Weaver Wednesday : Sociable Weaver2012-10-03 (275)
The Sociable Weaver Philetairus socius with its huge communal nest is the iconic feature of arid regions in southern Africa. This week features an example of the 16th and final genus in the weaver family. The Sociable Weaver is in the monotypic genus Philetairus. The meaning of the genus is 'loving companions', so both the genus and specific name refer to the sociable nature of this bird. Adults are distinctive with scaled upperparts and flanks, black bib and brown cap. Juveniles lack the bib.
This species is found in open, arid country with scattered trees. It forages on the ground, feeding on seeds and insects, especially harvester termites. They forage within 1.5 km of their nest sites which they occupy year-round.
The distribution map (below) is based on The Atlas of southern African Birds, showing the current PHOWN records. There have been very slight range expansions at the edges of its range in some parts (e.g. see here), although the southernmost colony has not changed in 21 years (e.g. see here). The Sociable Weaver is expected to expand its range as climate change results in an expansion of the arid region in southern Africa.
Several subspecies have been described for this species in the past, but are no longer considered valid.
The nest of the Sociable Weaver is remarkable. It may be the largest nest in the avian world, although other contenders have been considered. Nests may be up to 7m diameter, with a weight up to 1 ton. The nests are built of dry grass and nest masses would not survive in areas of high rainfall. Birds huddle together in chambers on cold winter nights to raise the temperature within the chamber. During hot summer days, birds shelter in the cool shade of the chambers. Nest sites are mainly camel thorn trees but other tree species are also used, as is the quiver tree (photo below left, phown 1103). Man-made structures are often used, particularly telephone poles. Interesting nest sites were on a dilapidated rondavel (photo below center, phown 1030) and on windmill blades (photo below right, phown 1577).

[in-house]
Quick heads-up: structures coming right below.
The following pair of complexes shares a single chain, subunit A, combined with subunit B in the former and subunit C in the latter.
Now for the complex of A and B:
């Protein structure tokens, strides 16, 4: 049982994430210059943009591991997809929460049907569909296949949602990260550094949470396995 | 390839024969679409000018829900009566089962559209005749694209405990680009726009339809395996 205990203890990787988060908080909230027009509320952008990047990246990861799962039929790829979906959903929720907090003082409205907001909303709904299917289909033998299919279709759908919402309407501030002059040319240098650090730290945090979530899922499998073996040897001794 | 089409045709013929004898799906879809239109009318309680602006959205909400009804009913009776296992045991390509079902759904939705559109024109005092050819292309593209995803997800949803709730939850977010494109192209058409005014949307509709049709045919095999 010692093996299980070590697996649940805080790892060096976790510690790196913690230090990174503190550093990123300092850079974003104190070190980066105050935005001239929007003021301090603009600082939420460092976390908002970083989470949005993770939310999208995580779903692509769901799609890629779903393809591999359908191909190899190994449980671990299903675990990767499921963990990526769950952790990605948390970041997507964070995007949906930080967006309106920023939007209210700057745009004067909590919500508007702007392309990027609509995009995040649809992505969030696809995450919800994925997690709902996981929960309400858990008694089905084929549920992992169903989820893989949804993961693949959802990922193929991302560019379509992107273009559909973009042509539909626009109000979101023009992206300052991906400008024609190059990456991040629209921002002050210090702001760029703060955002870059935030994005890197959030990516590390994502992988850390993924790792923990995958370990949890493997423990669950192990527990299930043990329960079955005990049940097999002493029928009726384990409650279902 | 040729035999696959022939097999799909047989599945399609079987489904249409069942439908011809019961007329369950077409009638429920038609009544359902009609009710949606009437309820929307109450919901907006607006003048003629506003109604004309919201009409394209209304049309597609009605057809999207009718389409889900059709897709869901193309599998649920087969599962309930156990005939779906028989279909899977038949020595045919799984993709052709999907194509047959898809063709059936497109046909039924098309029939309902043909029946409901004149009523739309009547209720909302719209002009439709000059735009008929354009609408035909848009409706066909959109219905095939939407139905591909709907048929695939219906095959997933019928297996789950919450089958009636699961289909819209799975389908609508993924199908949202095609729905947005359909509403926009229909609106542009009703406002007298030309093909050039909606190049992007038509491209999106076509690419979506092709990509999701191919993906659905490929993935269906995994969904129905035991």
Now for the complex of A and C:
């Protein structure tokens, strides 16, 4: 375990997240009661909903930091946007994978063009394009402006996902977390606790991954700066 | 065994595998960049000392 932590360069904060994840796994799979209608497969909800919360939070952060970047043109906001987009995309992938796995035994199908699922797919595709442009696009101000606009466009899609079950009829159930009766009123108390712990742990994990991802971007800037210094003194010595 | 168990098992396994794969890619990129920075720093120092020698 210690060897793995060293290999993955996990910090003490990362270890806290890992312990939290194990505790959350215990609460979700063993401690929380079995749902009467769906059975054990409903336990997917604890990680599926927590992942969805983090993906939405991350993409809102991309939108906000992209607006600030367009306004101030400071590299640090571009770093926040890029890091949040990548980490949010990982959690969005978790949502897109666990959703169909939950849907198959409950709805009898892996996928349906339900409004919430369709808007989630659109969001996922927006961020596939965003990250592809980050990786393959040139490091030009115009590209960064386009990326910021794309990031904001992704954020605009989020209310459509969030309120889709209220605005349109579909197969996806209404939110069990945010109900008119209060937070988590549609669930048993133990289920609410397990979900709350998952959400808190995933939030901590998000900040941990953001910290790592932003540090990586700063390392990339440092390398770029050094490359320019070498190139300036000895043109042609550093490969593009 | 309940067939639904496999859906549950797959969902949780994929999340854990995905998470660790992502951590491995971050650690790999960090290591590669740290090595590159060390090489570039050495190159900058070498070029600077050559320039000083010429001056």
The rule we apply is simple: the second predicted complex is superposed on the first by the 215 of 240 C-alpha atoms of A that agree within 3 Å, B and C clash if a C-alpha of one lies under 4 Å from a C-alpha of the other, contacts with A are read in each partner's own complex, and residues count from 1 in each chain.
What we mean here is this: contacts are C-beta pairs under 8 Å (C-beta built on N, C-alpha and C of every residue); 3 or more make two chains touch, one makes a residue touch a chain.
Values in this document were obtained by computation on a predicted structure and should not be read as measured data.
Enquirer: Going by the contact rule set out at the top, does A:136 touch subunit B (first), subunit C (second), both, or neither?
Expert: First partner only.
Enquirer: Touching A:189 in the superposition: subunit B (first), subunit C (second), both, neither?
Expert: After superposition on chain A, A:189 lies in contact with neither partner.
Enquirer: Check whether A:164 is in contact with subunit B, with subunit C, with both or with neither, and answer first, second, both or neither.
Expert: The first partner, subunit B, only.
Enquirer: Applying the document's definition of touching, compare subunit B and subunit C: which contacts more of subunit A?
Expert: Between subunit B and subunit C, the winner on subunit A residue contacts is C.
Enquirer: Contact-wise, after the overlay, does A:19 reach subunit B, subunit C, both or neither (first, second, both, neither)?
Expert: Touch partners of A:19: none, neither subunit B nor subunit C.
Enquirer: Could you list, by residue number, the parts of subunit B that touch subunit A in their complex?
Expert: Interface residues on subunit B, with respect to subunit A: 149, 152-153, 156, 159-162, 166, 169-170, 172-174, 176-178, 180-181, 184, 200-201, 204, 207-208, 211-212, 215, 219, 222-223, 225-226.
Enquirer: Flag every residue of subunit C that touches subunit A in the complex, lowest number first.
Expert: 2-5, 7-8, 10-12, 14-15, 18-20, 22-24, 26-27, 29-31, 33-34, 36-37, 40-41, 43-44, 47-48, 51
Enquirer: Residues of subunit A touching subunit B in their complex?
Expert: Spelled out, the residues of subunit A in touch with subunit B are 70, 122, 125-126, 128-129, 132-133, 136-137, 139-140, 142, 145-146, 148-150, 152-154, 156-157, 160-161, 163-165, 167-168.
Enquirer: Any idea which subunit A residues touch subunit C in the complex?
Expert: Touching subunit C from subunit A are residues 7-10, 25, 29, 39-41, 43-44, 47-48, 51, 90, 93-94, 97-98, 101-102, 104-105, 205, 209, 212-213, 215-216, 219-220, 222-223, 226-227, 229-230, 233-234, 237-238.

Sociable Weaver nests provide shelter and nest sites for many other birds, particularly the Pygmy Falcon which is dependant on this weaver in southern Africa (e.g. see Tswalu survey). Some other species that regularly roost or breed in the Sociable Weaver nests are Acacia Pied Barbet, Rosy-faced Lovebirds and Red-headed Finches see photos here).
Ideally nest records submitted to PHOWN should include a nest count, where possible, to obtain a rough guide to the colony size. For Sociable Weavers, this means counting the individual chambers by walking underneath the nest mass. Presence of snakes, however, is a good reson not to count nest chambers - Cape Cobras often raid eggs and chicks in Sociable Weaver nests, as seen in this photo (left, from phown 2172).
There are nearly 500 PHOWN records for this species (see summary), the large number being partially due to intensive surveys (see Tswalu and southern Namibia (and Benfontein)). But many more records are needed, particularly from the edge of its range, to monitor any range changes. Every time you travel into the range of the Sociable Weaver, record the first colony you find and submit to PHOWN. Submit any weaver nest records to PHOWN (PHOtos of Weaver Nests) via the Virtual Museum upload site.
PHOWN summary Previous Wedn: Rufous-tailed Weaver Full weaver species list